In 2011, Riteway acquired GO Airport Connection and began incorporating propane-powered vehicles to upgrade its fleet by partnering with Cedarburg-based Boehlke Bottled Gas to build and operate a 24/7 propane autogas fueling station, according to a press release.



According to the press release, “The partnership has developed and strengthened throughout the years with both companies continuing to work together to make improvements to the operation of the three propane autogas station sites.”



GO Riteway Transportation Group was founded more than 60 years ago when the Bast Family founded Riteway Bus Service Inc. Now into the third generation of family leadership, GO Riteway continues to expand and provides transportation for business travelers, tourists, students and local residents. GO Riteway operates out of 23-plus locations in Wisconsin with a fleet that includes school buses, motor coaches, shuttle coaches, limo coaches, executive sedans and vans.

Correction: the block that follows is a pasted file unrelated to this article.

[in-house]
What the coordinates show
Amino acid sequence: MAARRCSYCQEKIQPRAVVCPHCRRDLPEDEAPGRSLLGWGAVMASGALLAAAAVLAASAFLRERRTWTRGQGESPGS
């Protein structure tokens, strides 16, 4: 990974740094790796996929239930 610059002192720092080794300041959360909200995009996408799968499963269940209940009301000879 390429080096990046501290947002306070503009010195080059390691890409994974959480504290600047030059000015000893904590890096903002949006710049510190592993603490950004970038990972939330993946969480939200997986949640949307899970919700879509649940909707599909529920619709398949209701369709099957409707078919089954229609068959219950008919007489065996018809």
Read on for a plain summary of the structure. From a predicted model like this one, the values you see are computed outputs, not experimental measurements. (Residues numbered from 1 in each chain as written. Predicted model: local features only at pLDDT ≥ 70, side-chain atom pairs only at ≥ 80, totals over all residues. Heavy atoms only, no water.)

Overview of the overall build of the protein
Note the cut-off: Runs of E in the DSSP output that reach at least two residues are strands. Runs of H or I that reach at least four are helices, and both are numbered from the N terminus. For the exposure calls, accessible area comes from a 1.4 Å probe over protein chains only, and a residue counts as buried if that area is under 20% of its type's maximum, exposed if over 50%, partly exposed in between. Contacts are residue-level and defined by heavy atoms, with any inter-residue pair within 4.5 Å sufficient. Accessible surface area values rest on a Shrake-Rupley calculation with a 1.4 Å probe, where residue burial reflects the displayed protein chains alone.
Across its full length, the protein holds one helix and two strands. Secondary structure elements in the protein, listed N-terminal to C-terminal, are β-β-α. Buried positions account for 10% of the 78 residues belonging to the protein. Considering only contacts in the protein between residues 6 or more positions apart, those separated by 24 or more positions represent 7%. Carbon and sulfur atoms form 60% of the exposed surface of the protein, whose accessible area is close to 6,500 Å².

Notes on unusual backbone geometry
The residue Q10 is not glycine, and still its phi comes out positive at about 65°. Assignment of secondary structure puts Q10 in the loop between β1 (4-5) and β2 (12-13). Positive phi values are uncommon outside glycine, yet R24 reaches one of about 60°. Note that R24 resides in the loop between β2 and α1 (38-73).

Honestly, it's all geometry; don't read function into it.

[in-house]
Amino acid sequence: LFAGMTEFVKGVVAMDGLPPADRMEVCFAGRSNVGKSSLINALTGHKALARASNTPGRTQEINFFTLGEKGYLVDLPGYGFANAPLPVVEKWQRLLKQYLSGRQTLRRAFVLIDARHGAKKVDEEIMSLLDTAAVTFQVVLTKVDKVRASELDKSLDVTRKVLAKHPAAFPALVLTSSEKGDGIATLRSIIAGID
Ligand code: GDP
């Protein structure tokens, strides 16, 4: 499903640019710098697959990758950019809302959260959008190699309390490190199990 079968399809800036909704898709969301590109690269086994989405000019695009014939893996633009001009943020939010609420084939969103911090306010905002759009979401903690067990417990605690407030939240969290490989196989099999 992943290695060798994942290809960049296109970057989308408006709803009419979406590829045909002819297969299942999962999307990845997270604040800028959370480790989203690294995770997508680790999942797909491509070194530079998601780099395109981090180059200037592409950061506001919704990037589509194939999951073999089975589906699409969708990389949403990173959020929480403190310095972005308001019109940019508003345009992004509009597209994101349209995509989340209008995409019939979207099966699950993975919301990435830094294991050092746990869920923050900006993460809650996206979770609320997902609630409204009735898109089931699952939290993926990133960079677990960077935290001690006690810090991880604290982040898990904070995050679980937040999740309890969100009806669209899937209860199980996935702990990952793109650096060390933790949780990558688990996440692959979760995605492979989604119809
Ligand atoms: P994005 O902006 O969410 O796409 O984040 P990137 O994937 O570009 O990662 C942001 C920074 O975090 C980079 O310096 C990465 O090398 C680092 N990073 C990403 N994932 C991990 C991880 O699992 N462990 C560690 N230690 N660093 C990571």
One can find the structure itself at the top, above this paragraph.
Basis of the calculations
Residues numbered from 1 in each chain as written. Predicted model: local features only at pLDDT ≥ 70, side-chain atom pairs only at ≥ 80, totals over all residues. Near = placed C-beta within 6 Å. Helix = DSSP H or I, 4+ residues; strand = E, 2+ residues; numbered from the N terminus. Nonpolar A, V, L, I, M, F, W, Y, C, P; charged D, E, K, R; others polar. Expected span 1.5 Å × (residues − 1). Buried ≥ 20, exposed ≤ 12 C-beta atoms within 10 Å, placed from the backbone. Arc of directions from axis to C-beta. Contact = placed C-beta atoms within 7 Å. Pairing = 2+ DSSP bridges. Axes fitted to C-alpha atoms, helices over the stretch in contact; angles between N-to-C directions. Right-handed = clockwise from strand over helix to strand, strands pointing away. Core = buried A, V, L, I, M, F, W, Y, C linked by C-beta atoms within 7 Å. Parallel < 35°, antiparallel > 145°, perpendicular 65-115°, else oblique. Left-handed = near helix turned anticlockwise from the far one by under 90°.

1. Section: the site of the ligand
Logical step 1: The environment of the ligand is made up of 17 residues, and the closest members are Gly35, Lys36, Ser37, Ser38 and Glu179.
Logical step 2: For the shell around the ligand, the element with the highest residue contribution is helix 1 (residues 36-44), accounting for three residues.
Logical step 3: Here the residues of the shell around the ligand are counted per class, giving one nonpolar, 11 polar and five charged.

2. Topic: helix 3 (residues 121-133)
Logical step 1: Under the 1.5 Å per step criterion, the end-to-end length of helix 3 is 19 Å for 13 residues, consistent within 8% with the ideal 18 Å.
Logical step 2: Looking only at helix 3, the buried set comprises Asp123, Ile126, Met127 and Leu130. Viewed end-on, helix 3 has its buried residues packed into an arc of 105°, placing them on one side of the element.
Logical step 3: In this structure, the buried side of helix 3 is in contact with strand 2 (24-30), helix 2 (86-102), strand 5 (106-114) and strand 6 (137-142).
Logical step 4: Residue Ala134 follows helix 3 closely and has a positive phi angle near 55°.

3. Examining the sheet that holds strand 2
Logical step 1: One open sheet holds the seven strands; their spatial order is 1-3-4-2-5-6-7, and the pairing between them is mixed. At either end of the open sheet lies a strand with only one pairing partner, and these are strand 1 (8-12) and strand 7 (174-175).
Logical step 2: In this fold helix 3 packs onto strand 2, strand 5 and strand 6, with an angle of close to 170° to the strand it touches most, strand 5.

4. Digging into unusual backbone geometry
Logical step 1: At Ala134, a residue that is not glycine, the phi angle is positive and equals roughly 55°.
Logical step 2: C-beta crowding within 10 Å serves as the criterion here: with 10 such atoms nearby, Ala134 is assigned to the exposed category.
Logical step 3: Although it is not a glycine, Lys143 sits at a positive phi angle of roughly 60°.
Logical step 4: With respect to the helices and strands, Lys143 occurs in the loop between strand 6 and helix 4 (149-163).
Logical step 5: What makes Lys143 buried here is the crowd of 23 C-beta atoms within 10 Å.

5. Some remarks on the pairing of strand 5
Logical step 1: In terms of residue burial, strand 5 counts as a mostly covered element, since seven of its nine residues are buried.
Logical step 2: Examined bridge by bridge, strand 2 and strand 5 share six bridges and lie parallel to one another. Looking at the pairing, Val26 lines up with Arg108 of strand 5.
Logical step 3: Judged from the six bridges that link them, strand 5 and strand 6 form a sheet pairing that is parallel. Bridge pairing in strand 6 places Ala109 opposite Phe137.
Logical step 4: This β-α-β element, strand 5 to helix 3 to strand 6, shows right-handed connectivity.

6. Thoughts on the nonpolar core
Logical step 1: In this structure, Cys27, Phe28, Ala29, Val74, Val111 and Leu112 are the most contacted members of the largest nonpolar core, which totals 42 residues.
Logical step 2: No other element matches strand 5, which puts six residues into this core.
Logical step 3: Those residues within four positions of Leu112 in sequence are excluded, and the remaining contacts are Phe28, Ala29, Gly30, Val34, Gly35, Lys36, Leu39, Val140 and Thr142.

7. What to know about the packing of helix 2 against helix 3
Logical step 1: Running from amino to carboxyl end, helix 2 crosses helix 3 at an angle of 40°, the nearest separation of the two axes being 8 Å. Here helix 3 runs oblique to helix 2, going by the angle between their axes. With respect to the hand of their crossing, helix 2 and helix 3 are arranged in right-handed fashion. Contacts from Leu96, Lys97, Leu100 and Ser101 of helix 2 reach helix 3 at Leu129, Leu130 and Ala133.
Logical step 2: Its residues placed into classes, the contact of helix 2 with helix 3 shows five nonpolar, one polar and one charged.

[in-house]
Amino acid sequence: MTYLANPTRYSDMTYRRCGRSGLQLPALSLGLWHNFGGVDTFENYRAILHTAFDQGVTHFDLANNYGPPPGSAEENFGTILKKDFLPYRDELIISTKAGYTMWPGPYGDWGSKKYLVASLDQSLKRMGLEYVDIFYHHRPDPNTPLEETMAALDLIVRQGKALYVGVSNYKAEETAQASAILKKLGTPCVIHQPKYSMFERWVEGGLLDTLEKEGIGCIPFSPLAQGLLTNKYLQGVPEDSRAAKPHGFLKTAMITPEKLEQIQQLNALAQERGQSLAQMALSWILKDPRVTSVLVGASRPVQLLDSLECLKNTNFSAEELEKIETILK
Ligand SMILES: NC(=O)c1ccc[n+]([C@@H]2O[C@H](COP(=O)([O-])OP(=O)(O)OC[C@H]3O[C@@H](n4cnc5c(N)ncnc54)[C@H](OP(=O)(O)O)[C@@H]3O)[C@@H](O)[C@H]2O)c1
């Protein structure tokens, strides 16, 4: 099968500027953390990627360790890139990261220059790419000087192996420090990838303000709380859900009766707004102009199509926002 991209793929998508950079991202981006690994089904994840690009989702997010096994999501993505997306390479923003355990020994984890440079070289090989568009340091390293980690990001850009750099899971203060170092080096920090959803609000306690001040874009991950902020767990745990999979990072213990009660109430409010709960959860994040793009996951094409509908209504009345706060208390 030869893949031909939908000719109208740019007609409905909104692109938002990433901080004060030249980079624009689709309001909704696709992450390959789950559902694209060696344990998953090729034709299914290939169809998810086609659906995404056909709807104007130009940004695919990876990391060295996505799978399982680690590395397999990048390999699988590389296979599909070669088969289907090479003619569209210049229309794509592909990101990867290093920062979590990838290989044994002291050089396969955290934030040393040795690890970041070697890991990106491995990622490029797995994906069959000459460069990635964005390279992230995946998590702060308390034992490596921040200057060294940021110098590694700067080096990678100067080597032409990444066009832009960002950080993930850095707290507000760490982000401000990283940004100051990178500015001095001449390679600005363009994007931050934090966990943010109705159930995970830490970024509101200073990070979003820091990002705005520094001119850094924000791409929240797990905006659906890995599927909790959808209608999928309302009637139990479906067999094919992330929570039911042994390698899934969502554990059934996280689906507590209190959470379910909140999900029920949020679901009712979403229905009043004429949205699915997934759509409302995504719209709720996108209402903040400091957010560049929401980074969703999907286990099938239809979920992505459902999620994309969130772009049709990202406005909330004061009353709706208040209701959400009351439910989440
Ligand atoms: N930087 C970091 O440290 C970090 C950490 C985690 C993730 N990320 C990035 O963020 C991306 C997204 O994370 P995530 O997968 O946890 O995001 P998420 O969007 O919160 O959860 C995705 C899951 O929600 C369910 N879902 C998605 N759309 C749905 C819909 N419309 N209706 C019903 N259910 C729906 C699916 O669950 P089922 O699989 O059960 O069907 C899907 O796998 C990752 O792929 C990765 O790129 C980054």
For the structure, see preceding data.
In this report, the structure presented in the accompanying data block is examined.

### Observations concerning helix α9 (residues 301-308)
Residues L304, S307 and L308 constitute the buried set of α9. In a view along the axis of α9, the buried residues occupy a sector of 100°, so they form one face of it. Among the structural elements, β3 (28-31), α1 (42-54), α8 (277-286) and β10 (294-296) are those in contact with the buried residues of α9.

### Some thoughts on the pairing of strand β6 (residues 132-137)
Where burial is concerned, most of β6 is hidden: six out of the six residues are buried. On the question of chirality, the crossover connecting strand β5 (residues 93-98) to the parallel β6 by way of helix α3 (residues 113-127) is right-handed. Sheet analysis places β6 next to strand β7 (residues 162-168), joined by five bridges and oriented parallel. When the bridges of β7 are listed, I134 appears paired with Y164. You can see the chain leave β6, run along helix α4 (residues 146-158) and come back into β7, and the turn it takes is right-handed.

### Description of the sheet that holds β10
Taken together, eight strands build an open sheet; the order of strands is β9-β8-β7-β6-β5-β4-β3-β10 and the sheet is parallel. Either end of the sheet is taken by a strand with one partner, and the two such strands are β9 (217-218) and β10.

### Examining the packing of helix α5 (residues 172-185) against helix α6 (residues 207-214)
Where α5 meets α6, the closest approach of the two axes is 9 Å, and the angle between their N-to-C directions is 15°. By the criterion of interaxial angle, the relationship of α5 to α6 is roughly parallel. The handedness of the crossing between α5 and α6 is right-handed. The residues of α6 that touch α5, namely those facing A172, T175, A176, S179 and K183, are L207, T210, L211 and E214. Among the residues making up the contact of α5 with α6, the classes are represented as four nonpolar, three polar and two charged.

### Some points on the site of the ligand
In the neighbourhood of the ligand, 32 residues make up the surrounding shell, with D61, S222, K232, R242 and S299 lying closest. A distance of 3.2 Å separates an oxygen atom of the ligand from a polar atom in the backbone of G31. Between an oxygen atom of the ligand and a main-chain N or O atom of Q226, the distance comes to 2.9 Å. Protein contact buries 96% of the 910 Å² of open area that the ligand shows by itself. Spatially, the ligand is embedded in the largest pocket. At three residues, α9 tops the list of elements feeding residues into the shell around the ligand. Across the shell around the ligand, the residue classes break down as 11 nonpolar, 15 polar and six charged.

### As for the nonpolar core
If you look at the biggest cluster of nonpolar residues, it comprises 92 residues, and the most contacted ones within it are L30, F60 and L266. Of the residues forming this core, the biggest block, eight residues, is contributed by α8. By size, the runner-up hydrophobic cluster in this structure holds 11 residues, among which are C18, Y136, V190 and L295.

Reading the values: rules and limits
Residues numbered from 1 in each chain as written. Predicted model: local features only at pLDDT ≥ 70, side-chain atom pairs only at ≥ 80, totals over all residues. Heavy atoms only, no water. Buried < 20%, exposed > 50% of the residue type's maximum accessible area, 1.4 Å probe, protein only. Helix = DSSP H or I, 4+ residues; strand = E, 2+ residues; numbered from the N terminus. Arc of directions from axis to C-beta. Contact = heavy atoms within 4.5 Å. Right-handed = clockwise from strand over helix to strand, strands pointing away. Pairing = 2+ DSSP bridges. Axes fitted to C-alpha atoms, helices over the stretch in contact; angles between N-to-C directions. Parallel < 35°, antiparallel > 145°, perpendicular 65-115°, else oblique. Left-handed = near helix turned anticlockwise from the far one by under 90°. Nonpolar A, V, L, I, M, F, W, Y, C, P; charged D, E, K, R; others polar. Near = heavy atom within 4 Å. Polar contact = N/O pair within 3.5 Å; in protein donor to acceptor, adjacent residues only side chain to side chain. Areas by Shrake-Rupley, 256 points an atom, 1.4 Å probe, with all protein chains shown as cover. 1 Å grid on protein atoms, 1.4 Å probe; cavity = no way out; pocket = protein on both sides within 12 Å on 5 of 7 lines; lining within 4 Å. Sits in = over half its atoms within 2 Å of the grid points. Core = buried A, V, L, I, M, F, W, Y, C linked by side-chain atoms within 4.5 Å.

New Video Touts Propane Mower 
Benefits

WASHINGTON (August 20, 2019) – The Propane Education & Research Council (PERC) has added a new video to its popular Straight Talk video series highlighting Barnes, Inc., a Madison, Wisconsin-based landscape contractor that operates 75 propane-powered mowers.
Barnes Landscape Touts commercial Propane mowers for more savings environmental sustainability in new video reports BPN the propane industry's leading source for news and information since 1939
Available online on Propane.com, the new video provides an updated look at Barnes’s experiences using propane mowers five years after being initially featured in a 2014 Straight Talk video discussing its initial foray into operating with propane.

“Barnes is a textbook example of a contractor who starts by integrating just a few propane mowers into its fleet, and then ultimately expands its propane use into much more of the fleet after experiencing the fuel’s numerous benefits,” said Jeremy Wishart, director of off-road business development at PERC. “In just five years, Barnes has saved hundreds of thousands of dollars in overall fuel and maintenance costs from using propane mowers. We hope this new Straight Talk video can help show how a commitment to using propane can really make a difference for landscape contractors in both the short and long term.”